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Wednesday, 2 November 2011
Page: 12439

Dr STONE (Murray) (10:42): I rise to add my contribution to the National Health Reform Amendment (Independent Hospital Pricing Authority) Bill 2011. Australian communities, whether large or small, are sustainable only if their citizens have access to affordable, skilled and timely health services. This is the same whether we are talking about a small outback community or part of metropolitan Australia. The Australian Constitution does not decisively assign responsibility for the managing and funding of Australia's health sector, so for generations there has been a need to engage federally and with our states and territories as to who pays, who makes the policies, how we coordinate all of that and how we make sure that Australia—as a developed wealthy nation—keeps up with access to the best medical technologies, medicines and therapies to keep its population well.

I am very concerned that this government is in an era where we are seeing mounting costs. We are seeing skills shortages across the health service sector. We are seeing growing waiting lists for both essential surgery and elective practice or surgery. We are seeing a growing divide between the sort of health service that a person in a country community can expect versus someone who is on the tram tracks in a metropolitan centre like Melbourne. I am very concerned that this bill ushers in another part of the new architecture that the federal government has designed under its banner of national new health reforms, but it does not give me or the people that I work with in my rural electorate any great joy in the sense that there will be more efficiency, less red tape, more coordination between the states and access to more funds for the delivery of services on the ground. This bill in fact establishes the Independent Hospital Pricing Authority, the IHPA. It is an integral part of the new National Health Reform Agreement signed by COAG on 2 August 2011. This is the third statutory authority which will be part of the new health reform architecture. We already have the Commission on Safety and Quality in Health Care and the National Health Performance Authority, and now we have the Independent Hospital Pricing Authority, which is the subject of this bill's discussion today.

The IHPA will decide which hospitals will be funded solely by activities based funding and which will continue to be provided with block funding. Those decisions, presumably, will be based on whether the hospitals are small and regional or large and metropolitan. Some states like Victoria and South Australia already have this mix of types of funding. Other states have some elements of activities based funding and block funding.

It is an extremely complex matter for a central agency to determine the number of patients, what level of skills in staff should be represented and what the cost or price should be for a whole range of different health service providers across the country. I am also somewhat concerned to find that, in this new activity based funding or block funding, advice is not going to be binding on the state governments. They will be free to make payments to hospitals at their discretion. This just continues the uncertainty of who pays and when, and the ongoing debates and endless argument across the nation in the foreseeable future. This is a very concerning element.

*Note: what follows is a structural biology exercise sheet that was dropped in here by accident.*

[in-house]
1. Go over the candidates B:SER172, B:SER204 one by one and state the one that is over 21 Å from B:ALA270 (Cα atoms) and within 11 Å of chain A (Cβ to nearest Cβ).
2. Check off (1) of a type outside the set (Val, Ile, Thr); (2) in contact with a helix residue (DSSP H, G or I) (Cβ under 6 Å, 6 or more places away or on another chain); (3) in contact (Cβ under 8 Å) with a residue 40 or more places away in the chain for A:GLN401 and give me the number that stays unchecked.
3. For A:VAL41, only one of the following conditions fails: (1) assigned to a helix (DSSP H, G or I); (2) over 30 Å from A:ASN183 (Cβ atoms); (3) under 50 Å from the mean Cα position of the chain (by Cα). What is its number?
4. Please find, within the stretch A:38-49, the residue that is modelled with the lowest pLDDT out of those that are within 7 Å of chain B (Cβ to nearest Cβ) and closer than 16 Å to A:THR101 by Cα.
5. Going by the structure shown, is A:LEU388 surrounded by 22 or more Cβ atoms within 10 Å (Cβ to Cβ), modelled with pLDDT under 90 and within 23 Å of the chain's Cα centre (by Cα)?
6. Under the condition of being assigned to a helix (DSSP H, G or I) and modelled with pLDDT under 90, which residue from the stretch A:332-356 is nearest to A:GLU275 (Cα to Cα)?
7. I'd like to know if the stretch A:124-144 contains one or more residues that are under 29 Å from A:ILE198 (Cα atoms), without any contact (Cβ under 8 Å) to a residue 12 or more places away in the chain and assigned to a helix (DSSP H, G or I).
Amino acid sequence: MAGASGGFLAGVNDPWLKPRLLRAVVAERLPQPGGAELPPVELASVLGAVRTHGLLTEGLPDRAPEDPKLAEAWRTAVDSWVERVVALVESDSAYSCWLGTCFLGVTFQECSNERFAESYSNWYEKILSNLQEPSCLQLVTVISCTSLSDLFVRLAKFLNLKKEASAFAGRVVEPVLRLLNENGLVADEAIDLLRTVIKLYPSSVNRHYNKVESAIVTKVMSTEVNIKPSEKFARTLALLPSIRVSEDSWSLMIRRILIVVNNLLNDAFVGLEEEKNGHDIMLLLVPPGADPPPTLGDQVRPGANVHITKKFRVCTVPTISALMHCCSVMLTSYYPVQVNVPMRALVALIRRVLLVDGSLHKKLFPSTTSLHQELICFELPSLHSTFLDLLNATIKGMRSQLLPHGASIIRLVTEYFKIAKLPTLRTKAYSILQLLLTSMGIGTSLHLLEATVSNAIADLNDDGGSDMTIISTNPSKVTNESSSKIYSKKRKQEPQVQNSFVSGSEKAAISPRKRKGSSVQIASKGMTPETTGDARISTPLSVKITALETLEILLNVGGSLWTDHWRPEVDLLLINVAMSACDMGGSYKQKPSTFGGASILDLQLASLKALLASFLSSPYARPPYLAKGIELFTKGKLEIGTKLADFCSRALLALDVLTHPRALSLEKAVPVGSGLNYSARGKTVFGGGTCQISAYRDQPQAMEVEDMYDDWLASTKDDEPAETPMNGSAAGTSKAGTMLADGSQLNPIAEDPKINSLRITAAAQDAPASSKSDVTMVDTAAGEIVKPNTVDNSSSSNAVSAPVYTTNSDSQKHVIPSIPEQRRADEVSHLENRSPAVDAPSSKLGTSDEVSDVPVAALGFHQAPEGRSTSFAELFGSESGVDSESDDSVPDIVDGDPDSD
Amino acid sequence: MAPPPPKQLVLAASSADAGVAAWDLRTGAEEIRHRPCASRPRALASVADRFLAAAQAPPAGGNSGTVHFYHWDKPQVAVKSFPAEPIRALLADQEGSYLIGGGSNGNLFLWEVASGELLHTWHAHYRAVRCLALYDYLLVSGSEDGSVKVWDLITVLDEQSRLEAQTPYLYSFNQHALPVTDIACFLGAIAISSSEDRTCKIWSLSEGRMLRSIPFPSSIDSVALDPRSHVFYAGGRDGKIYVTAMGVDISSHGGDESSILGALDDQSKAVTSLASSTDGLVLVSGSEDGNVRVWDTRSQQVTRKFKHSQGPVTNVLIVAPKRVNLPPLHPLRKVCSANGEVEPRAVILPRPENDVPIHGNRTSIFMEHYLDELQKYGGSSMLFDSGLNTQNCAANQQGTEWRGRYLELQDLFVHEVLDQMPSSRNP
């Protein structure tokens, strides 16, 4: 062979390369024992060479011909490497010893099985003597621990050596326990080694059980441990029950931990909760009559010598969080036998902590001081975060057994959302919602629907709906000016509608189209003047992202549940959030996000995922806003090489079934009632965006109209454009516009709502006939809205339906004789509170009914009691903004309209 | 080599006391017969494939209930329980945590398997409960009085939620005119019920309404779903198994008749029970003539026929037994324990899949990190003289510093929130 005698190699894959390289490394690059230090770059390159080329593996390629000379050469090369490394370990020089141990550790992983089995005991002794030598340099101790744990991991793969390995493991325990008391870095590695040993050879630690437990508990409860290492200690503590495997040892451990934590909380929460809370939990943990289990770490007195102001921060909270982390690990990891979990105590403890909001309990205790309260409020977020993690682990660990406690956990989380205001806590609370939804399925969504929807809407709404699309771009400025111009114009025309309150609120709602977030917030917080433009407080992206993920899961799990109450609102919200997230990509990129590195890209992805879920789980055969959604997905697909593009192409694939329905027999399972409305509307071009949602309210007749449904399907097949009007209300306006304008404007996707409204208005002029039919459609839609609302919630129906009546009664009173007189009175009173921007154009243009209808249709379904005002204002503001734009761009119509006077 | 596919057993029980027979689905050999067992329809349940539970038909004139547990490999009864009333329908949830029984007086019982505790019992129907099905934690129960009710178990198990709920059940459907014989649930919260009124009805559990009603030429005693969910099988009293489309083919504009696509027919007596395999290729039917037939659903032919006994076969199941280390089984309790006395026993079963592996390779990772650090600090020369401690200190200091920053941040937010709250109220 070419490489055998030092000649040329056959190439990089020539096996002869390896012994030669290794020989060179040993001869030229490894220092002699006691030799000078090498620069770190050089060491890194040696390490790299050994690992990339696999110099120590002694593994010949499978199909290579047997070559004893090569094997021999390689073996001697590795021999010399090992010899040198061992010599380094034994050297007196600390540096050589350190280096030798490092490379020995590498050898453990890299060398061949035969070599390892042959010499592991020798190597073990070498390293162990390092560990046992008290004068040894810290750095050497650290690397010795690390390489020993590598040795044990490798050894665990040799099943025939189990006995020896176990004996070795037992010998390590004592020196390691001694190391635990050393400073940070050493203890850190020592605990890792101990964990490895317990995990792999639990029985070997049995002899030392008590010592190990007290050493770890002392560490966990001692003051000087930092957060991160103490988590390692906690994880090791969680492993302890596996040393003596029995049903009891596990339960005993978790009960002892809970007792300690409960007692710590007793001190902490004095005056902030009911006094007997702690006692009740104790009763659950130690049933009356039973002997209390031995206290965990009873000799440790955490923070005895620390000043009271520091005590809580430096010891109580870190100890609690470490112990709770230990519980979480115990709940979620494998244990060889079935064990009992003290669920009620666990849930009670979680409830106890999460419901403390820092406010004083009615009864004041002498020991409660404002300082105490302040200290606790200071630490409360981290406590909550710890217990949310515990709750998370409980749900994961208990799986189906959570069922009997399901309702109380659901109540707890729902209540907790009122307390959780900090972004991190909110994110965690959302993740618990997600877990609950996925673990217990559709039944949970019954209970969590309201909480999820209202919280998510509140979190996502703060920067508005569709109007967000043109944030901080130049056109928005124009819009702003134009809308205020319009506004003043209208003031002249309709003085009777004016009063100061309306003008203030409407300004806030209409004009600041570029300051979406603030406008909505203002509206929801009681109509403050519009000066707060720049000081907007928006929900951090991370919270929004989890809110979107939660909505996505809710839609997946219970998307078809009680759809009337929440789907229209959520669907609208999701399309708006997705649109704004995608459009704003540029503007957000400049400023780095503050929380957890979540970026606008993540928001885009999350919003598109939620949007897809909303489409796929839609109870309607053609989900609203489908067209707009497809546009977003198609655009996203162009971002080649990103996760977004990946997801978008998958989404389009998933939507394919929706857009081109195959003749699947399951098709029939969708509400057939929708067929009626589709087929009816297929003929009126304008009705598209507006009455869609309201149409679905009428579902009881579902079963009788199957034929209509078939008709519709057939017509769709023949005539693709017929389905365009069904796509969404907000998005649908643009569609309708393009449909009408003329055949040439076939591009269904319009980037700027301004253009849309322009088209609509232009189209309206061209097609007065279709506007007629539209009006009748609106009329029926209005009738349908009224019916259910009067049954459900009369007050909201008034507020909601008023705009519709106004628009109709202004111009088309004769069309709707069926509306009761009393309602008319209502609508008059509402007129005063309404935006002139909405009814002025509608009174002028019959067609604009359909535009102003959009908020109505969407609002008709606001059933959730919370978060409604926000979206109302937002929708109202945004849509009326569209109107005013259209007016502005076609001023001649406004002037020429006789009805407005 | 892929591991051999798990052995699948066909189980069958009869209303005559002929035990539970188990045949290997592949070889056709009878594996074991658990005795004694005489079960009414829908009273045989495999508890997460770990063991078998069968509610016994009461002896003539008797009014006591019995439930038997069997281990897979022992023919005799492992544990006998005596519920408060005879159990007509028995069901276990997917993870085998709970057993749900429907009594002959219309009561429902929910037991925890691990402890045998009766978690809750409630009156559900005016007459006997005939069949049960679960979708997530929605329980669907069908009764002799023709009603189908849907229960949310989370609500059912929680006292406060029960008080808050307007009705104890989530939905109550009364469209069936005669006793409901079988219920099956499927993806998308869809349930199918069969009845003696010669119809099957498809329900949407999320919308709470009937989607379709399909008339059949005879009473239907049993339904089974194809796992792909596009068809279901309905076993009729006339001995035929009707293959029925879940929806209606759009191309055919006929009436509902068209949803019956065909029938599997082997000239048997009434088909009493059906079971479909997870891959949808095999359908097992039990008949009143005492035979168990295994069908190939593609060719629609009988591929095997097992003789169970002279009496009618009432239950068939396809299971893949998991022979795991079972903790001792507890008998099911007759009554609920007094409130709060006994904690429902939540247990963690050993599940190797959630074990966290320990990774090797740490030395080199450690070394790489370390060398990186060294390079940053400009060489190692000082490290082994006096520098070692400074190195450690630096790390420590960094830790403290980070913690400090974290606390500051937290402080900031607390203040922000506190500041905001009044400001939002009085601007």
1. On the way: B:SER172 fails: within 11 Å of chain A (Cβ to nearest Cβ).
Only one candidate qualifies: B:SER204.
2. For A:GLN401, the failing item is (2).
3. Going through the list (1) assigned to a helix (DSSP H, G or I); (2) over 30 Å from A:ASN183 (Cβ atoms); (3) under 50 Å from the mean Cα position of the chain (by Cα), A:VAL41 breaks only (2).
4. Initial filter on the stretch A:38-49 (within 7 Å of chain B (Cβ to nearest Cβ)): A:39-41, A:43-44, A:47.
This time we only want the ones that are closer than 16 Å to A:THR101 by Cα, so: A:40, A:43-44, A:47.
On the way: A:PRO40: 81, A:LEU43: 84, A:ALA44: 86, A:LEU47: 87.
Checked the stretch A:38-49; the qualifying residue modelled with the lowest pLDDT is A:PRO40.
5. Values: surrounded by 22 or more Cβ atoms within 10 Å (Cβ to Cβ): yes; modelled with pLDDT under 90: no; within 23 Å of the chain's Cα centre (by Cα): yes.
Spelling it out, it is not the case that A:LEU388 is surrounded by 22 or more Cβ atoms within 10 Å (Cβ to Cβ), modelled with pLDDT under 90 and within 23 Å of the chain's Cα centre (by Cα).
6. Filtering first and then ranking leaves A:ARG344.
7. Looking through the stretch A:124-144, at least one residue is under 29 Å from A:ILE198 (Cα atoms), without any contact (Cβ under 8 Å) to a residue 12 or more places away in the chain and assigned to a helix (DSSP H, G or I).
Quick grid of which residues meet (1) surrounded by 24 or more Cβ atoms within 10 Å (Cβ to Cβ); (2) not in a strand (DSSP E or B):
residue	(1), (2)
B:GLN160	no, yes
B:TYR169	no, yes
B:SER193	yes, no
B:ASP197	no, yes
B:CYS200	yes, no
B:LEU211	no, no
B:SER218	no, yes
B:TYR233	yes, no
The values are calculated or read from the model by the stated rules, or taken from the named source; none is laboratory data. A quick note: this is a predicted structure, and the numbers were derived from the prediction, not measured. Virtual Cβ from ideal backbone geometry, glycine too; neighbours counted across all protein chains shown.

As the member for Murray on the border regions of New South Wales and Victoria, I am particularly concerned about rural and regional Australia. Our health services are only two and three hours from a capital city, Melbourne, but we have difficulty in finding specialists, particularly anaesthetists, surgeons and psychiatrists, or any of the other essential health service specialists that you take for granted in metropolitan areas. Those difficulties have just recently been compounded, particularly in the Shepparton area, which has been designated as no longer an area of workforce shortage. So, on top of these changes that we will have to take on board, we are now faced with the fact that if a newly arrived overseas trained doctor—or, indeed, a well-established medical practitioner from a metropolitan area—wants to come and practise in the Goulburn Valley, or particularly in the Shepparton or Mooroopna area, they will not have the additional Medicare benefits and the clinic they work with will be financially worse off if it employs these people. I have an enormous concern that the way that calculation was done simply does not take on board the realities on the ground.

I repeat, the lack of specialists is a real problem. We have to wait six to nine months for an adolescent in a desperate situation to get an appointment, for example, with a psychiatrist. We have others having to wait many months for access to dermatologists. We have many people forced to travel to Melbourne regularly for treatments because they just cannot wait for the treatment to be available through visiting specialists or physicians in our region. Yet we have now been designated as not an area of workforce shortage. I am begging the minister to review the situation.

The whole business of the Independent Hospital Pricing Authority must take on board the enormous differences in types of hospitals that have evolved historically in Australia. In the new part of my Murray electorate, the Strathbogie Shire, there are three hospitals or community health centres, one at Nagambie, one at Violet Town and one at Euroa. Both Euroa and Nagambie take in in-patients for acute and other care; however, throughout the entire Strathbogie Shire there is not a single public hospital bed. If you are not privately insured and you have your heart attack in Euroa, you will be waiting for the ambulance to be called and then be transferred—ideally perhaps—to Shepparton or maybe to Wangaratta. The whole process will take well over an hour and sometimes two hours, and obviously the health of that person is severely compromised. That is because there is no public hospital bed in the Strathbogie Shire.